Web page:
Stocks moved ahead at a steady pace Thursday, but volume on the NYSE was the second-lowest for a full day this year. Health care stocks led for the third successive day, with utilities also showing gains.
Biotech stocks led the health care sector. The iShares Nasdaq Biotechnology (IBB) rose 1.6% on the day and is up 3.9% for the week.
With volume low, most analysts would expect volatility to increase. However, the CBOE Volatility Index (VIX) fell 3.7% to its lowest closing level since July 24. This indicates that major buyers are not hedging against a decline in prices over the near term.
And yet U.S. Treasuries rose to a near annual high, driving the 10-year yield to 2.4%, the lowest since June 2013, which could be the result of foreign buying in the face of uncertainties in the Middle East and Ukraine.
Jobless claims rose to 311,000 for the week ended Aug. 9 versus an expected 295,000.
At the close, the Dow Jones Industrial Average rose 62 points to 16,714, the S&P 500 gained 8 points at 1,955, the Nasdaq was up 19 points to 4,453, and the Russell 2000 rose 2 points to 1,143. The NYSE traded total volume of just 2.6 billion shares, and the Nasdaq crossed 1.5 billion. On both major exchanges, advancers outpaced decliners by about 1.25-to-1.
Jeff Saut of Raymond James opined in this week’s “Morning Tack,” “The equity markets have struggled and have, as of this writing, been unable to climb above the SPX’s overhead resistance zone of 1940-1950.” His comment was made as he considered the idea “could it be that easy” — that every time the market corrected 5% to 7% institutions would buy — and most importantly, could it last?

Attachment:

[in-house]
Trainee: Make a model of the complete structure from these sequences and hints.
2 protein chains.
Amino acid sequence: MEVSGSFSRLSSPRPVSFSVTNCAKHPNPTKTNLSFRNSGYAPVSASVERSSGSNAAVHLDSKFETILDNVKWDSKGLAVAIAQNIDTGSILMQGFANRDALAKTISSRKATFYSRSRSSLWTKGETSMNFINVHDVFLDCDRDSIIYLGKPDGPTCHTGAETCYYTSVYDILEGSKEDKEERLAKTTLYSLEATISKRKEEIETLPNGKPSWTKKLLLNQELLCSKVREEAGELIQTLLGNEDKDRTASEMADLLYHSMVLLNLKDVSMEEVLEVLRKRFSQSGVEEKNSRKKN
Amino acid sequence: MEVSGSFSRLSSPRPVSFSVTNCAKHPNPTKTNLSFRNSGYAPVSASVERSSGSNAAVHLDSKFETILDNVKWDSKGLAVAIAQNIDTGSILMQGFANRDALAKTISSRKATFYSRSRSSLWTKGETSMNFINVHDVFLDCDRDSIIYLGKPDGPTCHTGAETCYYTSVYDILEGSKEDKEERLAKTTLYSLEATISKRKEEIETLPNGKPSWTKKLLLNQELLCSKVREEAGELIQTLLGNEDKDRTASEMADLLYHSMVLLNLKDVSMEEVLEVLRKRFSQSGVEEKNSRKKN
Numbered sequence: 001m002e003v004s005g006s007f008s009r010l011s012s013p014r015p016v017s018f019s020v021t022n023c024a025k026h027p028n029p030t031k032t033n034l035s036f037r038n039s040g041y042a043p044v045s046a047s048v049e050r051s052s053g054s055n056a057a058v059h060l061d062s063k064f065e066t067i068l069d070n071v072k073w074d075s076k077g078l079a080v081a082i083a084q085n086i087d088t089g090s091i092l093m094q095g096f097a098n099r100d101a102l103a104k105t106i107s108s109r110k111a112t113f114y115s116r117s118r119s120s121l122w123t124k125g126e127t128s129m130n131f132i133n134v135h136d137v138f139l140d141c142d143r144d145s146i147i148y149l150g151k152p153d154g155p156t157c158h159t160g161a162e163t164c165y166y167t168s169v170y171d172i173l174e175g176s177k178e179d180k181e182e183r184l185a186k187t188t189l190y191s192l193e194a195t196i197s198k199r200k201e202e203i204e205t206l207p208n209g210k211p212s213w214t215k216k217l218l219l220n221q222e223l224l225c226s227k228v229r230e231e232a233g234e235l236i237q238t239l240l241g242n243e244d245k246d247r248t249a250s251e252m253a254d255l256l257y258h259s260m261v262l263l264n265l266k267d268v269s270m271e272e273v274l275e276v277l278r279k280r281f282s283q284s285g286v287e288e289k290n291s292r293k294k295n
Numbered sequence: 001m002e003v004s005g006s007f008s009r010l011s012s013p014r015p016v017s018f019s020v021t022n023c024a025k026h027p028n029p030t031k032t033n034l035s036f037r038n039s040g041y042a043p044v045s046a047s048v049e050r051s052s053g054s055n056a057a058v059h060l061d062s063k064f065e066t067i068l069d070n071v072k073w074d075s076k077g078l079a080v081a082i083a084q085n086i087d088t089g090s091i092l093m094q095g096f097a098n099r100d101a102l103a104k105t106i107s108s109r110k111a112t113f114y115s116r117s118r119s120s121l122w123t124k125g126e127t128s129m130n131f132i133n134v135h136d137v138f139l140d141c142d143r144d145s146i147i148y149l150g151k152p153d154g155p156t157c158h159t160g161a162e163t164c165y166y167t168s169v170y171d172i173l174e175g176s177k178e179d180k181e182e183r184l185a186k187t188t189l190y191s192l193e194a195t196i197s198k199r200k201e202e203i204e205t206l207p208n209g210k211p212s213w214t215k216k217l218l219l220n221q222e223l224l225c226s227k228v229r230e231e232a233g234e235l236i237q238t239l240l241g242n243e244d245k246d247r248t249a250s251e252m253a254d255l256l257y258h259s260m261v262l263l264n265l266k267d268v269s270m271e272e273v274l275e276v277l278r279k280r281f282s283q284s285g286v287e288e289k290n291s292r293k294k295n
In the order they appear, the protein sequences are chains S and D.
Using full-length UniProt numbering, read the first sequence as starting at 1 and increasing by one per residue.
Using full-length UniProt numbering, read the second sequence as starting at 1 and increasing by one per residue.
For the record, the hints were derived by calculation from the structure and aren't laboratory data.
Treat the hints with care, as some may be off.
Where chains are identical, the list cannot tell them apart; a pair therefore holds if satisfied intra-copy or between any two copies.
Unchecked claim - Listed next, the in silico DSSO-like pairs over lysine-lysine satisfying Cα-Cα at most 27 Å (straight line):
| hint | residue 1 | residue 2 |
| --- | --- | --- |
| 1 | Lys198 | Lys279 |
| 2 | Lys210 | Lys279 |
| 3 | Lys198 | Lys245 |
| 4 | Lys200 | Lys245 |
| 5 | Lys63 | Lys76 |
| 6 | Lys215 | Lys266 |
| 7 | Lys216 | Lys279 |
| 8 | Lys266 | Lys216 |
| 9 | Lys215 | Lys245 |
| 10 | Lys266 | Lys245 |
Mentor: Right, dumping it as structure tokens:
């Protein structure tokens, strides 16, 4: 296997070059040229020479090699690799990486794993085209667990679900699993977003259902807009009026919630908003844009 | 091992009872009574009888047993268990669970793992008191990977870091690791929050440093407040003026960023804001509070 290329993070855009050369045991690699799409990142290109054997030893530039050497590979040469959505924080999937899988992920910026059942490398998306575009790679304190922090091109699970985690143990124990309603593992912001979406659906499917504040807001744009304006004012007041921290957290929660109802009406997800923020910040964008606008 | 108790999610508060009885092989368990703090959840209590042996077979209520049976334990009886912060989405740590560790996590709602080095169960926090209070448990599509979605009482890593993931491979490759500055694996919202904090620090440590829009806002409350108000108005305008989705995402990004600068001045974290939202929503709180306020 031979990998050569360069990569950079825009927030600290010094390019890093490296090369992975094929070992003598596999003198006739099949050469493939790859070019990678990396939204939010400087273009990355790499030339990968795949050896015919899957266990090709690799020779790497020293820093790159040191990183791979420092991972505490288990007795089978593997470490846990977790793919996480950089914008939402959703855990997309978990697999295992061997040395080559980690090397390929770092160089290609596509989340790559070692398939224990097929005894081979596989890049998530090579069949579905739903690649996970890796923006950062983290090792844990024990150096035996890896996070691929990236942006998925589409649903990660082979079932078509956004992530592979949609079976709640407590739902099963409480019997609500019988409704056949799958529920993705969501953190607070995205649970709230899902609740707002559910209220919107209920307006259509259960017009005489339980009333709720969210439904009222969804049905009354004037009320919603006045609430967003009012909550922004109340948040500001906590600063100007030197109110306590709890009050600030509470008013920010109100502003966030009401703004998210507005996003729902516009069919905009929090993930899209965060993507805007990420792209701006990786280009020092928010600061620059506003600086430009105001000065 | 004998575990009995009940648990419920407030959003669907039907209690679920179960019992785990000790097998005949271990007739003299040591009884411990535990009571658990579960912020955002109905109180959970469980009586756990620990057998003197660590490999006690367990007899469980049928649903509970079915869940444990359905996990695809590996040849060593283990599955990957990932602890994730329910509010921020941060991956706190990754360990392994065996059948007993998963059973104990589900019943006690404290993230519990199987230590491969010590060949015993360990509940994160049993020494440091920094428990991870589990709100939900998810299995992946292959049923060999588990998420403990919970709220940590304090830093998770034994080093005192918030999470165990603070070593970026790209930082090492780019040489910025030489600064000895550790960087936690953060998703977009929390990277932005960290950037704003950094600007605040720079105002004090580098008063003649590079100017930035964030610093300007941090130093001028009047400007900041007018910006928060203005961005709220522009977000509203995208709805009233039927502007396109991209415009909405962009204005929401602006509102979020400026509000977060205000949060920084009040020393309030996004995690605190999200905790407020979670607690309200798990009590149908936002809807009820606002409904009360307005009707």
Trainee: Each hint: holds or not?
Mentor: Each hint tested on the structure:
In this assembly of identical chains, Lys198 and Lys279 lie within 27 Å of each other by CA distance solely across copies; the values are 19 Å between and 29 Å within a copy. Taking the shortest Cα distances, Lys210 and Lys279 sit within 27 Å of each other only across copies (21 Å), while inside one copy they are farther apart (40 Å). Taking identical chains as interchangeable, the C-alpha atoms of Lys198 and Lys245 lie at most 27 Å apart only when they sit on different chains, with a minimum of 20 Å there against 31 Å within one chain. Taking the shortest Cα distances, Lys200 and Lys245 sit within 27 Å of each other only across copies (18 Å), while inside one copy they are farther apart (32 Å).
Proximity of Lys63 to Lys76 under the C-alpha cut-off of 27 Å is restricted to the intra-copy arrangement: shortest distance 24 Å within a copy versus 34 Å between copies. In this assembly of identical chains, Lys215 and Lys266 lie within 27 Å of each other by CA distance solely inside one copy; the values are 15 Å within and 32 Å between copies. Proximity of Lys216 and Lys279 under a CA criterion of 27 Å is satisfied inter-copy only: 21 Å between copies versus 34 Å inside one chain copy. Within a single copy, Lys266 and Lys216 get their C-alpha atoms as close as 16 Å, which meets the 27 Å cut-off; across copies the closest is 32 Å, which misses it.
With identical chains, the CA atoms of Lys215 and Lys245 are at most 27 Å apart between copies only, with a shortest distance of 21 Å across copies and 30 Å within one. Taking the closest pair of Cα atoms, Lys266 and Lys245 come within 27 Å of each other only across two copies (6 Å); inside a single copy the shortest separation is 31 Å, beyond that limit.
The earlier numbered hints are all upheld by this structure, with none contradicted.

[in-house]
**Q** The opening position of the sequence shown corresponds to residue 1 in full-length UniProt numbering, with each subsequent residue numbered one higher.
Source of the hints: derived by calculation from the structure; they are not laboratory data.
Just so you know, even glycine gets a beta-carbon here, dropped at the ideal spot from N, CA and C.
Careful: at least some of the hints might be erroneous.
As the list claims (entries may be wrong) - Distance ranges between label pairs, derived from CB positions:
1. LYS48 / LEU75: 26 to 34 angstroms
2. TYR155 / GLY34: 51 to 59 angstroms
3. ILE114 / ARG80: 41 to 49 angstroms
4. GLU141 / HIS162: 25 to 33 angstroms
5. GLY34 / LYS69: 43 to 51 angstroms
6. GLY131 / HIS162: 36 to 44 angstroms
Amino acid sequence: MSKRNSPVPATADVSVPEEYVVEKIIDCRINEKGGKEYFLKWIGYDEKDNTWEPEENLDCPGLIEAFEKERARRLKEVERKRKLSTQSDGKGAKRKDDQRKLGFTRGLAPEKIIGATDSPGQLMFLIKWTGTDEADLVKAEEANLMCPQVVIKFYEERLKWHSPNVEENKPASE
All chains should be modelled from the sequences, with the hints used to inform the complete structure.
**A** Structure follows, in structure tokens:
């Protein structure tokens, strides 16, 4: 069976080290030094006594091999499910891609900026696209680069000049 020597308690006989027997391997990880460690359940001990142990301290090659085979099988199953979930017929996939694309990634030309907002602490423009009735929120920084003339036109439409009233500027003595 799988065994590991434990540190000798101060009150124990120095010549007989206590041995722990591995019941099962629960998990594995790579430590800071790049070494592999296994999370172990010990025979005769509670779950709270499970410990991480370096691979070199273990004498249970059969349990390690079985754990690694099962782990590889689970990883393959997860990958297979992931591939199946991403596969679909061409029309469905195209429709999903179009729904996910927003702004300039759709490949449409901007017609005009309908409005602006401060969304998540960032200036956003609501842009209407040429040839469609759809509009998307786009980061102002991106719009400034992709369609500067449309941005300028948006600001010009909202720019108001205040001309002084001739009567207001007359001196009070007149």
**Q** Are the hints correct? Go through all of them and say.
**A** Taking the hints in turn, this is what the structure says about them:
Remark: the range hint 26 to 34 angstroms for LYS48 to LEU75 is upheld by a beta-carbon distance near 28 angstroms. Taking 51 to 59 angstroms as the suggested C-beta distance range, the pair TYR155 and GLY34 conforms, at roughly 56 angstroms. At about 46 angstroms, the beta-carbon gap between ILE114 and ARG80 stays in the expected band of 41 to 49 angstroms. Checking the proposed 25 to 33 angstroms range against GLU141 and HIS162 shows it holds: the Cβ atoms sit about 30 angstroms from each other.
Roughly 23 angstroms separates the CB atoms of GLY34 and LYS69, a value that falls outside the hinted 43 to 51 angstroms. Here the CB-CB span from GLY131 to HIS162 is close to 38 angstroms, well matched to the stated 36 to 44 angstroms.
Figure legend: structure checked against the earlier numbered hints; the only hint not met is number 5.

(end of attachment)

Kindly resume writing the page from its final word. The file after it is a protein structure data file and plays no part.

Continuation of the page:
I decided to test his statement, and above is a chart of every decline since April 2013. I found the statement is basically correct. The worst decline occurred in May/June of 2013 at 7.5%, and most declines were in the 4.5% range, with the current pullback registering a mere 4.4%. And near the bottom of each pullback, the S&P’s MACD indicator rendered a clear buy signal (red arrows). Furthermore, on Thursday, MACD gave us a new buy signal following an oversold condition that equaled that of February at the bottom of a 6.1% pullback.
The S&P 500 has penetrated overhead resistance at 1,940-1,950 by over 5 points with a fresh buy signal. And now with the MACD rendering a “buy” on the Nasdaq’s chart on Wednesday, there is no reason to hold back using some of our accumulated cash.
The only fly in the ointment is the Russell 2000. The index has failed to keep pace with the others. However, the Nasdaq’s charge, with a fresh MACD buy, is enough evidence that the move higher is not confined to the big caps.
Today’s Trading Landscape
To see a list of the companies reporting earnings today, click here.
For a list of this week’s economic reports due out, click here.